In such a scenario, the primary difference between a co-op and condo is a co-op can mortgage its property, so it has a financial vehicle that can potentially help in an emergency, Lester says. Condominiums are at more risk than co-ops, because their offering plans and/or bylaws often include restrictions on how they can raise money—such as requiring a super-majority of unit owners to approve assessments. Also, unlike condominiums and HOAs, debts to the co-op come before shareholders’ first mortgages. If a mortgagee forecloses on a shareholder, it does not foreclose the co-op’s lien.
While nobody can predict when a true emergency is going to hit, there are warning signs resident owners and board members alike should pay attention to that might indicate that their building or HOA is in serious financial trouble and at risk for default or bankruptcy in the event of a crisis.
“The first tell-tale sign we see is when a financial statement is not being produced on a timely basis,” Lester says. “The signs on the financials are very clear when an association is running into problems. Are they holding to their budgeted forecasts? The other thing to be looking at is the amount of delinquency reports. If those are increasing, that could be a problem. Ultimately, there’s a line called ‘member’s equity,’ and when that goes negative, you’re on the road to bankruptcy.”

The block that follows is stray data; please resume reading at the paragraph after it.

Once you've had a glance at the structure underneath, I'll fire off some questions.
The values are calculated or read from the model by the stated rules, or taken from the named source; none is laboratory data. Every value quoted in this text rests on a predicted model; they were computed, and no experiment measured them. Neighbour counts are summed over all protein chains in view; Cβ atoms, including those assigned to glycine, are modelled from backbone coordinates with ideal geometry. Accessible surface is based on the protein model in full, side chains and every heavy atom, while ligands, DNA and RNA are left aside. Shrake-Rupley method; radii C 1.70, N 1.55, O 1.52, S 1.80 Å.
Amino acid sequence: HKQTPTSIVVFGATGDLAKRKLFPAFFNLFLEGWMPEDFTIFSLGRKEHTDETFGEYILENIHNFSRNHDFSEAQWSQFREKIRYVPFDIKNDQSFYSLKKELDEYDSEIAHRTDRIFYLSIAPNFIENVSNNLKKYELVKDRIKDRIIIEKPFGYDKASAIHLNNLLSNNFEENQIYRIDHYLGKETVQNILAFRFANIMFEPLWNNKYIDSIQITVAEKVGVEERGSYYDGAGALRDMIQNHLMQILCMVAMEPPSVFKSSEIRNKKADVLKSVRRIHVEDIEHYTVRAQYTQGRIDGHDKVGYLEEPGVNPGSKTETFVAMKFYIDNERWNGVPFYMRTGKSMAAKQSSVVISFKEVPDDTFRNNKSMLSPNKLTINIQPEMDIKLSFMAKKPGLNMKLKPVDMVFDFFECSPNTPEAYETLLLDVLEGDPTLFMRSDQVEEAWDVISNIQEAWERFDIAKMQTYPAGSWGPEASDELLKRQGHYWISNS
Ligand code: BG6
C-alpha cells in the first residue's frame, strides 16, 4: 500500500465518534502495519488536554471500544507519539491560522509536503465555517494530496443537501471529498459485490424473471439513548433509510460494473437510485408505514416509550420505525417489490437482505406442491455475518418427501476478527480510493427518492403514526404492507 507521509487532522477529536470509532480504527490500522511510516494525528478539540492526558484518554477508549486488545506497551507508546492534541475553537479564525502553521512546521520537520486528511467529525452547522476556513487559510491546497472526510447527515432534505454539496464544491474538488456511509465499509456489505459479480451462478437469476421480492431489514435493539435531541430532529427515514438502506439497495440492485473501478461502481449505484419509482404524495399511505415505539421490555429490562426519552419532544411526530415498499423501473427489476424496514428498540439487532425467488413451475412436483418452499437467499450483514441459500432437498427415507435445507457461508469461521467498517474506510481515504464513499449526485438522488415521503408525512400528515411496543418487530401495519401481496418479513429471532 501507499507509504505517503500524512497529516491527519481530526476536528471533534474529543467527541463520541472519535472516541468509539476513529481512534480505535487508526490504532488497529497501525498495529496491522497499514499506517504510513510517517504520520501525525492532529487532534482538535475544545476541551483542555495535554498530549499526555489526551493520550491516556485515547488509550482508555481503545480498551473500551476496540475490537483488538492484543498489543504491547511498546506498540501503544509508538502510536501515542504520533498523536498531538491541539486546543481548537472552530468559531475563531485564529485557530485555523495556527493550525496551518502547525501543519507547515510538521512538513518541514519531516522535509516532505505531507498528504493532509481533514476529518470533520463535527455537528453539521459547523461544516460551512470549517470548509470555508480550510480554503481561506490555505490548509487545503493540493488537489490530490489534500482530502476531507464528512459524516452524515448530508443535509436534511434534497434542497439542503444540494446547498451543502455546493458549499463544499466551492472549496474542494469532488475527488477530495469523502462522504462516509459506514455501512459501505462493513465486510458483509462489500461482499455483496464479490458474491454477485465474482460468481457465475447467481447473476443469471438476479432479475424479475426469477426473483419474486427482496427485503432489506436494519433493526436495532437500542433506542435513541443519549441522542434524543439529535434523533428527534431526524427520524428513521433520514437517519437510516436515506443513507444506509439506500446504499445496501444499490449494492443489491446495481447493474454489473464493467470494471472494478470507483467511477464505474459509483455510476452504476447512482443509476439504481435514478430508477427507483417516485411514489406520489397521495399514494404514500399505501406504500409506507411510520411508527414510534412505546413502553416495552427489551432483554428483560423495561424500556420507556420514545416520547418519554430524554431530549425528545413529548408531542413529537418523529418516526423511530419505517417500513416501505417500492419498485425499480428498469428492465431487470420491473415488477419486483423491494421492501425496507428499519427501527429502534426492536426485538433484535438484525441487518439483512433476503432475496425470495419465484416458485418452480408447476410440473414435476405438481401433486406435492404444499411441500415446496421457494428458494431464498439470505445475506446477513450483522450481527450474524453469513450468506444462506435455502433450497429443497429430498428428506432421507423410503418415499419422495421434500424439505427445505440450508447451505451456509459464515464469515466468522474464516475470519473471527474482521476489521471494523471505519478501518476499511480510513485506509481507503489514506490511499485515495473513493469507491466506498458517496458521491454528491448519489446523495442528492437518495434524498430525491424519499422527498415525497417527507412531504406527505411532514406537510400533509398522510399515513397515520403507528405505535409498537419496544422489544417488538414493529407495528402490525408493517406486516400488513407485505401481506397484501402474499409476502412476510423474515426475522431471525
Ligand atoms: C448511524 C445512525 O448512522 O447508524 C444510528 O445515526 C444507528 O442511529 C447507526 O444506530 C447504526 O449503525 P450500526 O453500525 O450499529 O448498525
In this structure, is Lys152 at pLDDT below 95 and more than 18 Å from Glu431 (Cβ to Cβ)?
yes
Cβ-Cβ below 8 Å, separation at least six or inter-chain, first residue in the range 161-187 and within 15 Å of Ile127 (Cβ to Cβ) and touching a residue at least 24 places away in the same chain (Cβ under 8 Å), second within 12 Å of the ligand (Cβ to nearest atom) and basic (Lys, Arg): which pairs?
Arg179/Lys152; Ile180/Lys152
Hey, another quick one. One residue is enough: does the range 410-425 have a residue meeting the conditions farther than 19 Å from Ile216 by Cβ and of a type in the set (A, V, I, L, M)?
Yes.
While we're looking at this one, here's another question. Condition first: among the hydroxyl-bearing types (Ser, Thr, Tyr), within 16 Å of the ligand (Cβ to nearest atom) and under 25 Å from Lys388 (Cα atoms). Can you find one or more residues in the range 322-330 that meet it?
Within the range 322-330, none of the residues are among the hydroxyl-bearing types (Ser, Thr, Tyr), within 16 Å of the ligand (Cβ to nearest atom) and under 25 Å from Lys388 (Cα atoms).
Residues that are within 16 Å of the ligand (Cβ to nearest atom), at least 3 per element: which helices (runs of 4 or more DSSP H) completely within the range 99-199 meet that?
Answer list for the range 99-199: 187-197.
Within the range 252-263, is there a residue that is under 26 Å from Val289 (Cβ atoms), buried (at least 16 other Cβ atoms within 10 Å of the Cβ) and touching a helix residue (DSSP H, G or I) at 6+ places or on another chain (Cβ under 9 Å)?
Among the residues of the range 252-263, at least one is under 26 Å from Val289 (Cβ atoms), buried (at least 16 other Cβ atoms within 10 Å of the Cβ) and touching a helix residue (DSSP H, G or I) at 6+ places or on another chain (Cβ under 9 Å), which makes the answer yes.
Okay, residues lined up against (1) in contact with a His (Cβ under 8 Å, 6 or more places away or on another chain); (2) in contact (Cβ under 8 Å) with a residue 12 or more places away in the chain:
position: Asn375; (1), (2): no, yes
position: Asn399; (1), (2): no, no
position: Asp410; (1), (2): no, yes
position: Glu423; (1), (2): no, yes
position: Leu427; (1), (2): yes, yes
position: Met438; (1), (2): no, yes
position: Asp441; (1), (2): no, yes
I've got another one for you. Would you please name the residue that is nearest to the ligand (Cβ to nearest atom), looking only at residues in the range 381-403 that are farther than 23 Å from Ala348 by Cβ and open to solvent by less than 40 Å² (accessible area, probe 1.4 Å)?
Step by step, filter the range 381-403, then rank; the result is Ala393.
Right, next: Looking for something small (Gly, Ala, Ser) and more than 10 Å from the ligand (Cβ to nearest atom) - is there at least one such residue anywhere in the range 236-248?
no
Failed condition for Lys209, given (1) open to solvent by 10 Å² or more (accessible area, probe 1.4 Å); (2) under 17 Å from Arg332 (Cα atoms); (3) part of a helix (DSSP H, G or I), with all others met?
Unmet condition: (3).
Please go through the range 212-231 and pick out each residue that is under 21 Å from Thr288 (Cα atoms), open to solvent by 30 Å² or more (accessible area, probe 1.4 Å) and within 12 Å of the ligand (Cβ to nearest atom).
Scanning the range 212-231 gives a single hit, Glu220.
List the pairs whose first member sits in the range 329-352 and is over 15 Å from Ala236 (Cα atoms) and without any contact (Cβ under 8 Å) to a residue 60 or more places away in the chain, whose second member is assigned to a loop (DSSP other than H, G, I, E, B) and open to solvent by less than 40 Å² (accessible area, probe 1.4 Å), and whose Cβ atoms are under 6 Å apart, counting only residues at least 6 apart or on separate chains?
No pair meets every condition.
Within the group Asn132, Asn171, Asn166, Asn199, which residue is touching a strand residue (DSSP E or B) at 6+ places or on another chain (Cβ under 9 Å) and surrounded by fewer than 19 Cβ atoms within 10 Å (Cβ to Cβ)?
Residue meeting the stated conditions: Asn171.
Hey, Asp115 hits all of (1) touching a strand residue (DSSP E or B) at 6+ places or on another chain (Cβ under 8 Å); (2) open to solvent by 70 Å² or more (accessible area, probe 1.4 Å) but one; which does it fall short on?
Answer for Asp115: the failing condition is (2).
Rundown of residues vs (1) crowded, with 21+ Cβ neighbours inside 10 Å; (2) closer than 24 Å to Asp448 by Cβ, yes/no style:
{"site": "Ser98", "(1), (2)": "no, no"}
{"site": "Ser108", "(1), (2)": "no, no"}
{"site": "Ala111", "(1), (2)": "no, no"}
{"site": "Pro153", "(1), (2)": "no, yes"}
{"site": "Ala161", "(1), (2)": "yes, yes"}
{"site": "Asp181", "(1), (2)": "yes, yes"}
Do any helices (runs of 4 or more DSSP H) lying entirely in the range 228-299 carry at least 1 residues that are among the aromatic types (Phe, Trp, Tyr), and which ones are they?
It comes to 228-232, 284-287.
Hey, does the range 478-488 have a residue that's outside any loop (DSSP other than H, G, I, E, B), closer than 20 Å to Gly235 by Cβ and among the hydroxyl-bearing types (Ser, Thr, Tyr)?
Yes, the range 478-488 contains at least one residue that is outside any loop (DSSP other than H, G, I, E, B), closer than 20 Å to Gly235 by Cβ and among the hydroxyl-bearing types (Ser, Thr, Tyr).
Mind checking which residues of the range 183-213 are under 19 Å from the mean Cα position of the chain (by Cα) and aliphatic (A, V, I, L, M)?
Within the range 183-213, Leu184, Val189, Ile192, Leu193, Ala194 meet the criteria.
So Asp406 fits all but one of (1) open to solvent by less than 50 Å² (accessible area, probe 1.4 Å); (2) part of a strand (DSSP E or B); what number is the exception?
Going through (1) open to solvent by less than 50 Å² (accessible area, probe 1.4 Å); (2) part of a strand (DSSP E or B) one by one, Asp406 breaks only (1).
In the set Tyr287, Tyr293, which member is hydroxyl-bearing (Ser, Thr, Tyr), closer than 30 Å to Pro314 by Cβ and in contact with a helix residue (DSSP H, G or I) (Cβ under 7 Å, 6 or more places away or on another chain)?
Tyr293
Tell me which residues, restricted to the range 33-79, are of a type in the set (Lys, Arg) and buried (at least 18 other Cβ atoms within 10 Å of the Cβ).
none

Also of concern are buildings where maintenance or common charges have not been raised for several years or increases do not keep pace with increased costs of operation.
“If you suspect that your manager or management company is ripping you off, that’s not who you go to first,” says Frankel. “Often we see this going to the lawyer first, unless the accountant discovers it as part of his or her audit procedures. In that case, the accountant will speak to the board’s attorney as well. It depends if we’re dealing with an individual member, or the management company.”
A major financial catastrophe will hurt more than just the building, it can impact the individual unit owners as well. If a cooperative corporation is in such deep financial distress that it goes into receivership, that's very bad news for the shareholders.